Countrywide Financial said today that it lost $893 million, or $1.60 per share, in the first quarter, compared to net income of $434 million, or 72 cents per share a year earlier.
The loss was driven by a $1.5 billion credit loss provision, up from $925 million in the fourth quarter and $158 million a year ago.
Charge-offs during the first quarter amounted to $606 million, up from $283 million in the fourth quarter and $39 million in the first quarter of 2007.
And the reserve for future credit losses was increased by roughly another billion dollars to stand at $3.4 billion at the end of the first quarter.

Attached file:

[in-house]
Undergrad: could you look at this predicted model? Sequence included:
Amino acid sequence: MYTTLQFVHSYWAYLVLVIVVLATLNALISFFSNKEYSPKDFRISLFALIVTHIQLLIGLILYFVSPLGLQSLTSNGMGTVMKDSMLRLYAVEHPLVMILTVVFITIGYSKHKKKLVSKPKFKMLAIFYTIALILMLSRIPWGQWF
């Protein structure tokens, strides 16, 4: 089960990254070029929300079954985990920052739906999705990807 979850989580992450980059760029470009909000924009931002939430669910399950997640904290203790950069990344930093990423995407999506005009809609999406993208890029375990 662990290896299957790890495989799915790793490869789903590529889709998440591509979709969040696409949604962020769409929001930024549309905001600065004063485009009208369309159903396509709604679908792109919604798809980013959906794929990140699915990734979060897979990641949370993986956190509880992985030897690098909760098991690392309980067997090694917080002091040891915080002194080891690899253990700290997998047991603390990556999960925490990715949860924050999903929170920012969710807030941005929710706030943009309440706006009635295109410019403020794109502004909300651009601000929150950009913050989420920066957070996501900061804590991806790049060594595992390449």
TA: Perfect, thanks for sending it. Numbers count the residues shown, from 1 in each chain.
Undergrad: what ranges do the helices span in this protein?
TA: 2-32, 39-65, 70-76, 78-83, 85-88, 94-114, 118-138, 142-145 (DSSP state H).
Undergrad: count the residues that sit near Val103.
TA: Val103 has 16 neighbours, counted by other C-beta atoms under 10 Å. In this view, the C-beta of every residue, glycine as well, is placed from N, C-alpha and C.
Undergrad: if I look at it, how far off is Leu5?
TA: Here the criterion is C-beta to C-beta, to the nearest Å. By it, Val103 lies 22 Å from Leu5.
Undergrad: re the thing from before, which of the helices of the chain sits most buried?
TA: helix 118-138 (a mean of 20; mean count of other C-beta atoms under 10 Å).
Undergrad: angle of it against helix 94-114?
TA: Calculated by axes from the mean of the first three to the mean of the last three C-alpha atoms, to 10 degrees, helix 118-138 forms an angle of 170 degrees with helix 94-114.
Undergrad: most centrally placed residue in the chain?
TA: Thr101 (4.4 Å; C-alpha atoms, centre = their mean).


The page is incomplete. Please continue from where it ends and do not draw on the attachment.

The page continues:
But average daily applications were at $2.2 billion, up 27 percent from the fourth quarter.
Unfortunately, 30 day+ delinquencies continued to rise on existing loans, including subprime loans which rose to 35.88 percent, up from 33.64 percent in the fourth quarter and 19.62 percent a year ago.
Prime home equity loans deteriorated as well, with the delinquency rate rising to 8.29 percent from 7.32 percent a quarter earlier and 3.77 percent in the first quarter of 2007.
Countrywide’s total servicing portfolio had a delinquency rate of 9.27 percent, up from 8.64 percent in the fourth quarter and 4.90 percent a year ago.
More startling, however, is that 4.81 percent of their servicing portfolio is 90+ days behind, up from 1.70 percent a year ago.
The company’s loan servicing portfolio was valued at $1.48 trillion as of March 31, up from $1.35 trillion a year earlier.
Shares of Countrywide were up seven cents, or 1.20%, to $5.90 in late morning trading on Wall Street.